Four Reasons STEM Gets Shortchanged

October 18, 2018  

The 100Kin10 Teacher Forum is the vehicle that enables 100Kin10 to infuse the priorities and work of the network with what STEM teachers are experiencing “on the ground” in their schools across the country. Members of the Teacher Forum hold listening sessions with their local STEM teaching communities and share back with us what STEM teachers are hearing, seeing, and experiencing in the field.

In our last Share-Out call, Teacher Forum members expressed that many schools continue to struggle to find the time for meaningful STEM learning. Four themes emerged to explain the lack of time for STEM: 1) pressure from standardized testing, 2) administrators undervaluing STEM, 3) a shallow view of STEM, and 4) lack of guidance for teachers on how to teach STEM well.

Pressure from Standardized Assessments

The pressure surrounding performance on standardized assessments continues to have a negative impact on STEM learning according to our Teacher Forum members. Significant time is dedicated to test prep, resulting in lessons that focus on rote memorization of facts and in the deprioritization of meaningful STEM learning opportunities. This is challenging for many STEM teachers who want to engage their students in solving real problems and thinking critically about the world around them. Our Teacher Forum members explained how they have overcome this challenge by integrating STEM into simple activities like playing on a teeter-totter or constructing a bridge from spaghetti noodles. Others are challenging it by showing how they are using lab reports rather than classic tests to assess student learning.

“There are other ways of evaluating [student learning] that are valid other than tests and quizzes.”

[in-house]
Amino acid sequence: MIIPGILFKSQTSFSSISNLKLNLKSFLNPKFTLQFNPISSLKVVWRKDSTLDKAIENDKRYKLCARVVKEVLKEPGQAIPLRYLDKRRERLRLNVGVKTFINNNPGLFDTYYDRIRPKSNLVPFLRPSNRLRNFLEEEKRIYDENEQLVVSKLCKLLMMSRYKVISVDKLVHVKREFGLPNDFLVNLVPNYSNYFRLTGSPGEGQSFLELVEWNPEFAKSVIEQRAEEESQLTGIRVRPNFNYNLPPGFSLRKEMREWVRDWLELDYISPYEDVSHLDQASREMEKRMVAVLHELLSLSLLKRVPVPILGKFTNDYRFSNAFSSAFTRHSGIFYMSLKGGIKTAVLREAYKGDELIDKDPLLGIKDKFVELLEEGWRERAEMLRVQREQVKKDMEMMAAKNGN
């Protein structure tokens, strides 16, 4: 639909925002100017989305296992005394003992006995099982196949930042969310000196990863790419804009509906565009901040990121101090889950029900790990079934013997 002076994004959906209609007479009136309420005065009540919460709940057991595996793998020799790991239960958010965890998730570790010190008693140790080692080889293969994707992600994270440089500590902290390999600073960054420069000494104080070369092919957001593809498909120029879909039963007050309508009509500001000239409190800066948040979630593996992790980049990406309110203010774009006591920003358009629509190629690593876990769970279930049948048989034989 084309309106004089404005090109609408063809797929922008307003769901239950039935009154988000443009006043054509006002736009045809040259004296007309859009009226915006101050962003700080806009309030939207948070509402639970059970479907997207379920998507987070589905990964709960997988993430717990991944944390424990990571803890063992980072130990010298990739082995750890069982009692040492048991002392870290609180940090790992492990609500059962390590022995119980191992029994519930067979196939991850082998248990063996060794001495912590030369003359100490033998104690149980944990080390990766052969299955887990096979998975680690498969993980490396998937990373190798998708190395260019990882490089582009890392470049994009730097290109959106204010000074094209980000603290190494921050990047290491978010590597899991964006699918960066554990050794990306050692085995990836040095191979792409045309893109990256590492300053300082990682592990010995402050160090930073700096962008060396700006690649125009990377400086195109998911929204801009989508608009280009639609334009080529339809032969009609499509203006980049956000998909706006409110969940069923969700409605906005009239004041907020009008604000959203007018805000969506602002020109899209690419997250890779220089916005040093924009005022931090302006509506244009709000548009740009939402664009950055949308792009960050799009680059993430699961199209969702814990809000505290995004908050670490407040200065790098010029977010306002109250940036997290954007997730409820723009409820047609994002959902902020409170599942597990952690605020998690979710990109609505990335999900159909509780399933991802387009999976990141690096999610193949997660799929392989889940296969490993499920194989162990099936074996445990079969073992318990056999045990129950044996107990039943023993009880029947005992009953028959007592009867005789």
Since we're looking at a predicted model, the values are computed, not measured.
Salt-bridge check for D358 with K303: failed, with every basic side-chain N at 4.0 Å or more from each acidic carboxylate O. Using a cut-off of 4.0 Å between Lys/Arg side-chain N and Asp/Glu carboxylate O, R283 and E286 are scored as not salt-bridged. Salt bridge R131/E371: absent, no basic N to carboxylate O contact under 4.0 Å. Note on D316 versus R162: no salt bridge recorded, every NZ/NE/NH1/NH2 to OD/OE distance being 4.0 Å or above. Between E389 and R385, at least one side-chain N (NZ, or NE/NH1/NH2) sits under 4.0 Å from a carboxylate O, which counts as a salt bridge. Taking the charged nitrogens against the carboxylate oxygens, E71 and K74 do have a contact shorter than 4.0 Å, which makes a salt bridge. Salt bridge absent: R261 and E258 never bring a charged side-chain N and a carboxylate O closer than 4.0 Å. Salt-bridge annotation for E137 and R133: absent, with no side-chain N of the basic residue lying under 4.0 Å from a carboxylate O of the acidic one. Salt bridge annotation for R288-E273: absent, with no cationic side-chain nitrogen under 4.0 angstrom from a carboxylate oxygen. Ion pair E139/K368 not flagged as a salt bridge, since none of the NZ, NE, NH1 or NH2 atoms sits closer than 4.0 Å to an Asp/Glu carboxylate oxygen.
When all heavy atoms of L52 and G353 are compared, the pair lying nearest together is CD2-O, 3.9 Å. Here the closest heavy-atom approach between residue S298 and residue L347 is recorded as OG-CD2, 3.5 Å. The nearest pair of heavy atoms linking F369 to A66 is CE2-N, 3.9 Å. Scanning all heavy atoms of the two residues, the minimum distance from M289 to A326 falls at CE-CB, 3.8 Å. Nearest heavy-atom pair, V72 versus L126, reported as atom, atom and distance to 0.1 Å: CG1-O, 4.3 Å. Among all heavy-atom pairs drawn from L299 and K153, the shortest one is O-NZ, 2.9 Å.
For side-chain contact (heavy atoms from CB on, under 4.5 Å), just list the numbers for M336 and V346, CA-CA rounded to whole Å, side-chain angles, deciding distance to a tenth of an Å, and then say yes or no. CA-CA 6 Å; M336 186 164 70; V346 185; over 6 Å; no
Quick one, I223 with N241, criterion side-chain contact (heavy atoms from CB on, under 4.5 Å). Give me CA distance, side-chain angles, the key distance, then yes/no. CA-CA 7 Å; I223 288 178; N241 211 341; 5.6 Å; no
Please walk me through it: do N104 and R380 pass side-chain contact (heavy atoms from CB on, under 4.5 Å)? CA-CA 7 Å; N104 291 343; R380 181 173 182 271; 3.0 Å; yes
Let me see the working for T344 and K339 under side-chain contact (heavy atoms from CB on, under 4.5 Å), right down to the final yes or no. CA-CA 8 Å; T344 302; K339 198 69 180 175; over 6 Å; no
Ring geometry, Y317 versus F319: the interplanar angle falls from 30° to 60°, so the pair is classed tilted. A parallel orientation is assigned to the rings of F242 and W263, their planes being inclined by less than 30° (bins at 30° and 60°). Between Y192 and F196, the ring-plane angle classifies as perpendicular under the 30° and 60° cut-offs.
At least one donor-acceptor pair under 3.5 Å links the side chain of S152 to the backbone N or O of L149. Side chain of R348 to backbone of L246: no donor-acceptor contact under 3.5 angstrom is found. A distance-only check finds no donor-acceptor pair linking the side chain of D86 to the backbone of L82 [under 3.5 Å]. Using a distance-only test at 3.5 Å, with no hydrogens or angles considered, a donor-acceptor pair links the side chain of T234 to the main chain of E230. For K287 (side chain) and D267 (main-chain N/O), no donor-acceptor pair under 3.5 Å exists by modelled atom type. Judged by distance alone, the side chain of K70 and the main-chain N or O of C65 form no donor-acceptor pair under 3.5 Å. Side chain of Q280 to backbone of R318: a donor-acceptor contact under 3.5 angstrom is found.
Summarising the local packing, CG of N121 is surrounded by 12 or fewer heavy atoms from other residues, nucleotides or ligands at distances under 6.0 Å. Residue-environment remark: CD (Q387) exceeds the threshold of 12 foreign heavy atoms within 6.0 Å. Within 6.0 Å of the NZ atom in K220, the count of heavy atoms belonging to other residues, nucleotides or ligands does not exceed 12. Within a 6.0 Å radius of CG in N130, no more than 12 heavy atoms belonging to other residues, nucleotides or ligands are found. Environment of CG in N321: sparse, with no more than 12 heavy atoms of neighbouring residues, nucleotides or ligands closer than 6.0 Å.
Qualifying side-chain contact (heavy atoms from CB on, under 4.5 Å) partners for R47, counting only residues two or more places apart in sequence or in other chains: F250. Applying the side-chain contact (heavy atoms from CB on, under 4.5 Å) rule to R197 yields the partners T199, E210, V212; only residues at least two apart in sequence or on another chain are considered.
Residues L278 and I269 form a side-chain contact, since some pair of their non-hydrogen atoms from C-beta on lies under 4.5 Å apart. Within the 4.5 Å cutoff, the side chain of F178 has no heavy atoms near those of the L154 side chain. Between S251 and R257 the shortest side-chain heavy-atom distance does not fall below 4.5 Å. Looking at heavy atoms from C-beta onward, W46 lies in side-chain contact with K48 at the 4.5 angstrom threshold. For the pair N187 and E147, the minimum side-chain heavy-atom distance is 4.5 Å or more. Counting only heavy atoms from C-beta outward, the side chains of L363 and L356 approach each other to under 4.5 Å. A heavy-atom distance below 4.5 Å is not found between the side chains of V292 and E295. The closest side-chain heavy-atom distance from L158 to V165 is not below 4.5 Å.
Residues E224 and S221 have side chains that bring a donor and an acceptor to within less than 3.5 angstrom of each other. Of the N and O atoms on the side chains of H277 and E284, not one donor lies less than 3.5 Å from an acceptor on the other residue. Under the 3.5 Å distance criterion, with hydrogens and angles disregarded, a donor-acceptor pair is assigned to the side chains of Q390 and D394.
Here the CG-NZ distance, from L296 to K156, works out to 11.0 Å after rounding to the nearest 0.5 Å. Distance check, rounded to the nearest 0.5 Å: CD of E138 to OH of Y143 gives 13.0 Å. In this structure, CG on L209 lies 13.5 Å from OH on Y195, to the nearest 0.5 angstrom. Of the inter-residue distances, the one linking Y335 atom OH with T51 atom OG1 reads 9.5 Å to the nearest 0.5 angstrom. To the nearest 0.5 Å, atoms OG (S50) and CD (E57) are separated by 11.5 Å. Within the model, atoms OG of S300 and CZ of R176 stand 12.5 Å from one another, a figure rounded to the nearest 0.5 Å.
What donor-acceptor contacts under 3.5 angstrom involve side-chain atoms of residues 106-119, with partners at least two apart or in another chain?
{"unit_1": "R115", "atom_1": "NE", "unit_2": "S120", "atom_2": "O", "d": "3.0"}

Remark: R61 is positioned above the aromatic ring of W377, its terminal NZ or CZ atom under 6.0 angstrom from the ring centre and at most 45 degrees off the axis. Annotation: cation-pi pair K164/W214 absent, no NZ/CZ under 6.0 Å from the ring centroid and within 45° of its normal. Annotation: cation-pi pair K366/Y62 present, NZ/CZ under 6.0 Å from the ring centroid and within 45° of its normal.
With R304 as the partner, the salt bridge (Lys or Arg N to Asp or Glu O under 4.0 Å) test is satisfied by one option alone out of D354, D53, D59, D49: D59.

Administrators Undervalue STEM

Sometimes STEM is sacrificed for testing, but in other cases, administrators undervalue STEM, not understanding the importance of quality STEM experiences. As a result, they do not allocate sufficient time to STEM, even taking time away from these subjects to make room for other initiatives. In fact, one Teacher Forum member’s school has removed Science entirely from some students’ schedules in order to provide students with a study-skills course.

“In my school, Science is seen as a lesser subject. That is the mentality of all teachers as it trickles down from the administration.”

Shallow View of STEM

The focus on standardized assessments and the devaluing of STEM is further complicated by the fact that many administrators and teachers have a limited view of STEM learning. They believe a one-off experience checks the STEM box, or that STEM is limited to technology. Teacher Forum members push back against these limited views by advocating for teachers to engage students beyond facts and to provide opportunities for critical thinking.

“[Students] could learn more about how the world works by tripping over a log than by doing a fake, overly-constructed worksheet on a science topic.”

Lack of Guidance

Even when STEM is prioritized, many teachers struggle to effectively use the time allocated to it because they are not receiving the guidance or training they need to properly execute STEM lessons. We heard that many teachers want to provide authentic STEM learning through experimentation and failure and inquiry-based lessons, but feel unprepared to do so effectively. Consequently, teachers can find themselves facilitating shallow “hands-on learning” activities where students simply follow step-by-step directions with little opportunity for any critical-thinking or actual problem-solving.

“We want to focus on unifying concepts...we don’t want to simply focus on facts. We want kids to have a better understanding of the world around them.”